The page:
City staff presented nine proposed updates to zoning codes during a virtual open house Tuesday that would allow more development of affordable housing.
Vancouver is rapidly expanding, which is increasing the need for more affordable housing. The city says increasing housing options near existing services and in accordance with demographic needs will improve Vancouver’s future growth and overall livability.
Bryan Snodgrass, Vancouver’s long-range principal planner, said current zoning codes restrict these housing options from coming into fruition.
“This work is trying to chip away and improvise some useful tools” for affordable housing, he said.
The updates being considered include implementing new zoning categories.
Specifically, a single-family R-17 zoning district standard would allow subdivisions with lots between 2,500 and 5,000 square feet. There would be flexibility for lot coverage and parking strategies.
It would also incorporate function requirements for street fronts. Reduced garage door size would allow space for on-site utilities and street parking; visible front doors would increase neighborhood security; rear alley parking would support street front activity; and limited building repetition would foster visual interest in neighborhoods, Snodgrass said.
Updated multi-family R-50 zoning would permit up to 50 units per acre, rather than the current limit of 35 units, and increase lot coverage and building height.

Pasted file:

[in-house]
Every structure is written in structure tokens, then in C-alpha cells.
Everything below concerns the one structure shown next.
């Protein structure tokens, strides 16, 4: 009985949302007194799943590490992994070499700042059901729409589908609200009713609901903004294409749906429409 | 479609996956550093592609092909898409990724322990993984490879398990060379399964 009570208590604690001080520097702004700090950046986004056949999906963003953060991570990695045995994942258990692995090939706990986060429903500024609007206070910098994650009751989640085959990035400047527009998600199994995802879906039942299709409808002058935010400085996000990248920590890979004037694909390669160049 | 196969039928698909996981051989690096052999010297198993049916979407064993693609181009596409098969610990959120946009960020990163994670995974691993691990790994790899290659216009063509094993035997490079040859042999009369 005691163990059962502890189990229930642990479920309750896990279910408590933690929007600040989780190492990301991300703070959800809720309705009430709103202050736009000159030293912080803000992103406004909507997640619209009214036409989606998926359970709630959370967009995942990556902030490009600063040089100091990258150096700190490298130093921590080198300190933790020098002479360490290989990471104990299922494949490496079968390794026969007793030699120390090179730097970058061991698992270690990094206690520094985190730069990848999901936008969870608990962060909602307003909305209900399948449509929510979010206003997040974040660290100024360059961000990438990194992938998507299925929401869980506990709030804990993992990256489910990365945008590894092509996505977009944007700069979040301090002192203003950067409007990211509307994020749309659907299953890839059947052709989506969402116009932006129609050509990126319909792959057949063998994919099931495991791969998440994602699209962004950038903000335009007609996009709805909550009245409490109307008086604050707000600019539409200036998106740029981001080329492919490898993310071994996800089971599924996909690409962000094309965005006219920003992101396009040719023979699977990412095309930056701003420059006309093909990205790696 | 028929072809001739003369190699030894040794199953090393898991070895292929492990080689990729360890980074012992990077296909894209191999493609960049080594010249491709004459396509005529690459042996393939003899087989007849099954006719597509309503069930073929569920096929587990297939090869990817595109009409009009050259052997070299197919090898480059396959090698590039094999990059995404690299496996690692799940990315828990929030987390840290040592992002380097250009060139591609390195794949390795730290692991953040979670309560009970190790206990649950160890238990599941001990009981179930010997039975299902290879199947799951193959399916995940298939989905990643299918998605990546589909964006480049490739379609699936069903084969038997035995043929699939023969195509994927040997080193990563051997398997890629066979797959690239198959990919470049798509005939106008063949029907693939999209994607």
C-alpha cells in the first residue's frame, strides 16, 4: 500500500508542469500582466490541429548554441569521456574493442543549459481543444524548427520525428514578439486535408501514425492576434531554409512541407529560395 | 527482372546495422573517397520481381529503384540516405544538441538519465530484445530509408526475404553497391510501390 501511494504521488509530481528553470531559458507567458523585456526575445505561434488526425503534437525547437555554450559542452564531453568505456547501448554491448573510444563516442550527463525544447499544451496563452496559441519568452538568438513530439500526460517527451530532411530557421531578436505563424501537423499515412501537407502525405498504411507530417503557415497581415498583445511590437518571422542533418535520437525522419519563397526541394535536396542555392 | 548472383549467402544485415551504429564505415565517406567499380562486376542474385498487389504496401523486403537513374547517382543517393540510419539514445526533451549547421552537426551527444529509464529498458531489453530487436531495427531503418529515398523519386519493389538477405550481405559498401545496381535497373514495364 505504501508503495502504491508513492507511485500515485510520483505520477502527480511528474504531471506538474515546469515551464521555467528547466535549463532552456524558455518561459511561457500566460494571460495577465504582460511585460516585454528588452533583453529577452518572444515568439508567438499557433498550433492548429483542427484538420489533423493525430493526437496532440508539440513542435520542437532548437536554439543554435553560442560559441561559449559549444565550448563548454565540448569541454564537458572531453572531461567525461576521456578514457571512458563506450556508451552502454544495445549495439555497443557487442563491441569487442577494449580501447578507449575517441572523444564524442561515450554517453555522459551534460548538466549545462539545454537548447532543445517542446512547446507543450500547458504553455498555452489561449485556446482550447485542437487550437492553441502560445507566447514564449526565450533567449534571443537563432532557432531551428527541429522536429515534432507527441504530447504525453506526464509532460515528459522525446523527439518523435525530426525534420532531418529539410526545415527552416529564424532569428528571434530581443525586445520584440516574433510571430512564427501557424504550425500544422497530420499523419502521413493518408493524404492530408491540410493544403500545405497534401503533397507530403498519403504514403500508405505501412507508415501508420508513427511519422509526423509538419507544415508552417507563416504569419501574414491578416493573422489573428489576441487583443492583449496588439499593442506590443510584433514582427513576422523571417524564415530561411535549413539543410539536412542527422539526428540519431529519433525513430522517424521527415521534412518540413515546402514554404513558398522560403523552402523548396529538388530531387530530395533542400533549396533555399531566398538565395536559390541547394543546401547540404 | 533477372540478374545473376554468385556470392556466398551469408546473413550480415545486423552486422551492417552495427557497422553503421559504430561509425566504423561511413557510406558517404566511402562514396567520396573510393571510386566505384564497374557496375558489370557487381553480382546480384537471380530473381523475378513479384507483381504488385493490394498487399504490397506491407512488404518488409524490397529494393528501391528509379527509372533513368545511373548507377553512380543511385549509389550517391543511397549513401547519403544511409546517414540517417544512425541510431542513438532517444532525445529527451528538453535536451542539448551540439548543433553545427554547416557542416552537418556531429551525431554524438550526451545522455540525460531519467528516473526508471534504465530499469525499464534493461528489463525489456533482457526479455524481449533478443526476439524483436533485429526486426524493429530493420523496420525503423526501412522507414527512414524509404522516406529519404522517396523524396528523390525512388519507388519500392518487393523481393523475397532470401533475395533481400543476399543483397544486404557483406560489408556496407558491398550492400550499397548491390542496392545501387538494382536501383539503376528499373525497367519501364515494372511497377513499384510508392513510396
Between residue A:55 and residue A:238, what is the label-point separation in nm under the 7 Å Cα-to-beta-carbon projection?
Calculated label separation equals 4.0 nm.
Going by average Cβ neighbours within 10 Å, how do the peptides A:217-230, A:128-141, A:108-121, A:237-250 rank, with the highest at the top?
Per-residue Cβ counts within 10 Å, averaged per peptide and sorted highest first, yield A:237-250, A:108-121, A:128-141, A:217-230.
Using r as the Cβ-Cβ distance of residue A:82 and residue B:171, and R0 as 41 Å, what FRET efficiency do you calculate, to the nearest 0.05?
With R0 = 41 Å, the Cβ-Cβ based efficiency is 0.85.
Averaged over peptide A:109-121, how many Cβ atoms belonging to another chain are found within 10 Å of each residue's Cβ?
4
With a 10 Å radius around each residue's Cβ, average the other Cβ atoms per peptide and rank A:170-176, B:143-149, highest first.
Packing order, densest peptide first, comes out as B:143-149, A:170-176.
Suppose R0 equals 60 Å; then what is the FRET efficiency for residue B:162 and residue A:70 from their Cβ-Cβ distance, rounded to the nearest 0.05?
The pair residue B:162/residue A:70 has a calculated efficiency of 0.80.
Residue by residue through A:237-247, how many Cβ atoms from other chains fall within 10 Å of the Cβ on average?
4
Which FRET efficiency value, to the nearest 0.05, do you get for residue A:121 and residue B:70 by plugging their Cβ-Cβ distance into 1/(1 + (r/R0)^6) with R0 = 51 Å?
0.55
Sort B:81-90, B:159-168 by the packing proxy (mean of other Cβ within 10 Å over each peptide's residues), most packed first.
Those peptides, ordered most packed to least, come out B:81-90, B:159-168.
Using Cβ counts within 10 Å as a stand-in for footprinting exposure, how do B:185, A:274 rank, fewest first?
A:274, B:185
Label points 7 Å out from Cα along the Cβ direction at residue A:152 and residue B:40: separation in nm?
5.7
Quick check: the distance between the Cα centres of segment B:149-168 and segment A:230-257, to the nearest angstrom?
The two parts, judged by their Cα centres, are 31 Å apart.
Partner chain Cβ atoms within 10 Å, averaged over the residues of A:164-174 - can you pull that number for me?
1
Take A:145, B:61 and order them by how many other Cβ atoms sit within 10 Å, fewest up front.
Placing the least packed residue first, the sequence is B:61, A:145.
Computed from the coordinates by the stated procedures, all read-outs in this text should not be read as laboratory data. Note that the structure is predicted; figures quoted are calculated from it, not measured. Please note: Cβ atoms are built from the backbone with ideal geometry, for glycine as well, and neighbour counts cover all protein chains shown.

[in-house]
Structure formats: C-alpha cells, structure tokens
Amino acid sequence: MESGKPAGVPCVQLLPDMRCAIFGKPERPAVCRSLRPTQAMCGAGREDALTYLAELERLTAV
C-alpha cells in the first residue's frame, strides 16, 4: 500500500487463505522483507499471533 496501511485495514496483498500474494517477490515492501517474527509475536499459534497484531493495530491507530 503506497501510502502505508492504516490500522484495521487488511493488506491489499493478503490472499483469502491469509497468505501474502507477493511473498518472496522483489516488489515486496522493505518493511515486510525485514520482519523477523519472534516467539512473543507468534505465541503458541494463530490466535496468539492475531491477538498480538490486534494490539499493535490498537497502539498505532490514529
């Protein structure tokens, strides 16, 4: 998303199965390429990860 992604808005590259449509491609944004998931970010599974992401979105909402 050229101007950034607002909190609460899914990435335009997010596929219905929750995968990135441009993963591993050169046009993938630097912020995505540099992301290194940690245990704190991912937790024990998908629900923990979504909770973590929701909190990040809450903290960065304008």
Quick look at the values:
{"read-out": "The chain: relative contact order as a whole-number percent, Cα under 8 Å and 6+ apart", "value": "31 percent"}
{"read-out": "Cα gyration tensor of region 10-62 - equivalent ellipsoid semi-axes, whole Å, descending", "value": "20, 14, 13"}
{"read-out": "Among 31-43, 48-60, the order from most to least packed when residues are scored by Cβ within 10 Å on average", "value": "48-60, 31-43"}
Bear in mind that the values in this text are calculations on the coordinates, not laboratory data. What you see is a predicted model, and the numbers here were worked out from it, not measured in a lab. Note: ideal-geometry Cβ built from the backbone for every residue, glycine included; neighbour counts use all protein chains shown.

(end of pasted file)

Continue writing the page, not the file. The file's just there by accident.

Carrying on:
Proposed standards would also allow 1,600-square-foot cottage cluster housing to be built in lower-density residential spaces. City staff based the proposed code on what other local jurisdictions were doing, Snodgrass said.
There are pre-existing cottage clusters in Battle Ground, and other communities such as Ridgefield have approved the building standards.
Apartments with a shared kitchen and bathroom would be allowed in multi-family zones under the proposed code changes. These facilities are currently allowed only in medical or recovery environments.
Micro housing in higher-density areas, the expansion of accessory dwelling units, and building incentives for accessible housing are also addressed in the changes. The latter would require buildings to have wide doorways, no-step entries and bathrooms on the first floor.
Those present at the meeting voiced concerns regarding how new developments would affect historic neighborhood integrity and suggested that city staff consult with the Clark County Historical Preservation Commission. They also urged staff to be specific in code language to avoid homes getting rezoned in the future.
“Developments don’t typically result in the tear-down of existing homes in any number,” Snodgrass said.
Most of the updates were previously recommended in a 2016 Affordable Housing Task Force report. Many of the proposed changes are in effect throughout the county and state.
To comply with state laws, the city is proposing to allow additional density for affordable housing developments on property owned by religious organizations. State law also requires reduced minimum parking standards near busy transit stops for market rate, affordable, senior or disabled housing.
Vancouver’s Planning Commission will draft codes Tuesday for updated standards for new apartments next to existing homes, faith-based affordable housing and reduced parking for apartments near transit. Oral or written feedback can be submitted to the planning commission before the meeting.
The Vancouver City Council must approve and adopt the code updates for them to take effect. Afterward, developers would go through a site-specific review process and notify nearby properties before building. If developers want to use the new zoning district standards, they will go through public hearings before the city council and planning commission.
Article Source: The Columbian